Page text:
The RAMS horizontal momentum equation has five terms: 1) total momentum tendency (the acceleration), which is a consequence of the other tendencies or forces (tot); 2) tendency due to pressure gradient force (pgf);3) tendency due to advection of momentum (adv); 4) tendency due to parameterized subgrid-scale turbulent diffusion (dif); and 5) tendency due to Coriolis acceleration (cor). The abbreviations in parentheses above match those used in the figures discussed next, which illustrate the force balances existing in the model.

Figure 3 displays tendencies of meridional wind at 118-m elevation near the time of initiation: 1600 UTC 15 May. The total positive (i.e., southerly) tendency in the meridional wind offshore in the Southern California Bight shown in Fig. 3a is caused by the large positive tendency due to the pressure gradient force (Fig. 3b), which is only partially offset by the negative tendency of the Coriolis force (Fig. 3e). By comparison, the tendencies of meridional wind due to diffusion and advection in the coastal zone are generally much smaller than either the pressure gradient or Coriolis terms over most of the coastal domain. A narrow zone of large positive advection tendency in the northwest quadrant of the domain (Fig. 3c) is the result of westward advection of decreased northerly momentum associated with the western flank of the synoptic low. Farther offshore, near the western boundary of the model domain, the diffusion tendency (Fig. 3d) becomes significantly positive; this represents the frictional retardation of the strong northerly winds (Fig. 1a) by the sea surface in this location. In the Southern California Bight, the northward-directed pressure gradient tendency dominates, resulting in the transition to southerly winds (i.e., the CTD) there. In the near-coastal zone large positive tendencies due to the Coriolis force are the result of flow with an easterly component there (i.e., offshore flow ahead of the CTD). The tendencies of meridional wind 8 and 16 h later, that is, at 0000 and 0800 UTC 16 May, are mostly similar to those at 1600 UTC 15 May with the pressure gradient and positive total tendencies increasing and moving northward as the initiation of the CTD proceeds (Fig. 4) and the event moves up the coast. At 0000 UTC 16 May, deceleration of now onshore flow results in a Coriolis tendency maximum (Fig. 4c) of >−2 × 10−4 m s−2 near the Catalina Islands. By 0800 UTC 16 May, a narrow coastal zone of positive Coriolis tendency results from the CTD flow, which due to the orientation of the coastal mountains, has an easterly component. This feature is discussed more in the next section.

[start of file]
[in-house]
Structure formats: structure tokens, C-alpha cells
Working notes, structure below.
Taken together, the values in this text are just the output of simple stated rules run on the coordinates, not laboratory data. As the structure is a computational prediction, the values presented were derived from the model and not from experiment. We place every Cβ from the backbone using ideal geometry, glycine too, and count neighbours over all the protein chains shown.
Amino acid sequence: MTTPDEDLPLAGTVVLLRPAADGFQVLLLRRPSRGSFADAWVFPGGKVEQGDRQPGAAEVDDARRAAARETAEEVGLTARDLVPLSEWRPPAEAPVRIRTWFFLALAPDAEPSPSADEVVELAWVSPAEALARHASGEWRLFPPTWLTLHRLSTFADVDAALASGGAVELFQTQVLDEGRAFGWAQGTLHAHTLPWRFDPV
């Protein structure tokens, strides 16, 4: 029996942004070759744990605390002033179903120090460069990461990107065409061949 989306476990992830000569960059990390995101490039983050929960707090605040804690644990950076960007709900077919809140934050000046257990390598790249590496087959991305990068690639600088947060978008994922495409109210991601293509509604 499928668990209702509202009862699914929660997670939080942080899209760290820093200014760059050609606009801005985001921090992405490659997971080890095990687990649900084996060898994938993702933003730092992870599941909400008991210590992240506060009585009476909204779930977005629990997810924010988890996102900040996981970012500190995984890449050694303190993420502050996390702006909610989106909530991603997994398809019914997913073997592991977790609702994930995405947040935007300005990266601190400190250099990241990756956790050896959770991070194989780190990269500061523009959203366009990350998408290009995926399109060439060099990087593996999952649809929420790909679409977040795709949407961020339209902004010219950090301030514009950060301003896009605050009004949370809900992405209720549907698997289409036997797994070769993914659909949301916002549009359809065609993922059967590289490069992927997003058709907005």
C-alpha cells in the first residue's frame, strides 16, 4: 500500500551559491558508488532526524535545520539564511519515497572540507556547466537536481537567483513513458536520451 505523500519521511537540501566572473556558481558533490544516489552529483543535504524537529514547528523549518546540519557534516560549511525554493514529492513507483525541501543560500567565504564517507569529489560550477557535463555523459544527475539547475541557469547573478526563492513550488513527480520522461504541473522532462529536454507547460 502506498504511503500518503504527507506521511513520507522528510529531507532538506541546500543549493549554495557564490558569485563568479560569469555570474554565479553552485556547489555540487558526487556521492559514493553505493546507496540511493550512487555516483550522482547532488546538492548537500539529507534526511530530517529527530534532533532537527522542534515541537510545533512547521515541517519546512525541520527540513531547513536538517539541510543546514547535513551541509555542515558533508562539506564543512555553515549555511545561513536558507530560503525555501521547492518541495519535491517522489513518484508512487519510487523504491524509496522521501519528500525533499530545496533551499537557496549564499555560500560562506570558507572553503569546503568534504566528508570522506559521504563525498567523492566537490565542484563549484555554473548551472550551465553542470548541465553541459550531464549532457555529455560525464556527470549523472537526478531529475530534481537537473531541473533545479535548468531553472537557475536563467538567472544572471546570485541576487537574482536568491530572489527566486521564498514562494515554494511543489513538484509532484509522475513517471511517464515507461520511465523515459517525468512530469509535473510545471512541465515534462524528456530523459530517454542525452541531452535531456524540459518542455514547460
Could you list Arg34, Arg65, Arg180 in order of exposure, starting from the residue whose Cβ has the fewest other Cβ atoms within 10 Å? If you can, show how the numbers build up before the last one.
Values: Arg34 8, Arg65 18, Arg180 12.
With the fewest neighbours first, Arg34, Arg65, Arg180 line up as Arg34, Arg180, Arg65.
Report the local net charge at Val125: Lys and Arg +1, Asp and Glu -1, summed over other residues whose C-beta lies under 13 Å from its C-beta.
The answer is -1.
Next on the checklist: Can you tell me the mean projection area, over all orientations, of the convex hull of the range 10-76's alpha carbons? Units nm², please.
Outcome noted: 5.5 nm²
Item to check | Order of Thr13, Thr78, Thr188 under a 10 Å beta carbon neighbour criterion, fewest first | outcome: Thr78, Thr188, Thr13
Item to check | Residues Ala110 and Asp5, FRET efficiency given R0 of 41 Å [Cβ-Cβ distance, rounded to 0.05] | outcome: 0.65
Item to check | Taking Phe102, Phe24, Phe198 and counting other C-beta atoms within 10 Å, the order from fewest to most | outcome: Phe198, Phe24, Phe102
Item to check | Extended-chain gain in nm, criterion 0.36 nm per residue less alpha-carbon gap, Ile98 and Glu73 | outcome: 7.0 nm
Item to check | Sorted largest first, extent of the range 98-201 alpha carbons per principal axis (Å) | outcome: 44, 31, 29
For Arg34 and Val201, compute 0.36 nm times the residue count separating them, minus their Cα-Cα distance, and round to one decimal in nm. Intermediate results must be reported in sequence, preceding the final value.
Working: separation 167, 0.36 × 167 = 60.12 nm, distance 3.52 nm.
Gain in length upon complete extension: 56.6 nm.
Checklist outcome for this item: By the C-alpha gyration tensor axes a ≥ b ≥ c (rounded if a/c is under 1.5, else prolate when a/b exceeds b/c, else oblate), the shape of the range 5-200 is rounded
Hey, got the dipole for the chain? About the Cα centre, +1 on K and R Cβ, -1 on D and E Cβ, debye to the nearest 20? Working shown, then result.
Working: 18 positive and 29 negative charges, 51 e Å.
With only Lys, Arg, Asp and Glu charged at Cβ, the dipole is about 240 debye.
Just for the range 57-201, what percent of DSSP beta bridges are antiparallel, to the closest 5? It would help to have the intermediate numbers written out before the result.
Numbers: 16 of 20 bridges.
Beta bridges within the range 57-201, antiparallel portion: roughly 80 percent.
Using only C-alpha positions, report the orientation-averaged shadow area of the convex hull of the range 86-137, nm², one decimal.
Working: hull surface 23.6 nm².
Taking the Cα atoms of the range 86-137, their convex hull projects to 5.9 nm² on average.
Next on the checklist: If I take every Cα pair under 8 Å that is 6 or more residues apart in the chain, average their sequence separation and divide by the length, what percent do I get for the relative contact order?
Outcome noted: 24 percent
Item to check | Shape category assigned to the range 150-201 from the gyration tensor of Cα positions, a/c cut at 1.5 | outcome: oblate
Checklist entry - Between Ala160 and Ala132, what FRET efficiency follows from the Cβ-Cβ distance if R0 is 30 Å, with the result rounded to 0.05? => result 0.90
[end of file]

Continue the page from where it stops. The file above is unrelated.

c. Mechanism of CTD initiation

As already mentioned, the westward tracking of a synoptic low from northern California–southern Oregon, with associated offshore flow to the north (i.e., ahead of the CTD) and onshore flow to the south (i.e., in the CTD generation region), which created a northward-directed pressure gradient anomaly along the coast, was important for the initiation of the model CTD. A similar situation occurred during the observed event (MA87). In other words, modulation of the climatological southward-directed pressure gradient along the coast by the tracking synoptic low appears to have been more important than direct pumping of the marine boundary layer in the Southern California Bight for the CTD initiation in this particular case. Detailed examination of model vertical velocity cross sections in the Southern California Bight showed little or no vertical flow during the initiation, and very weak subsidence during the propagation stage.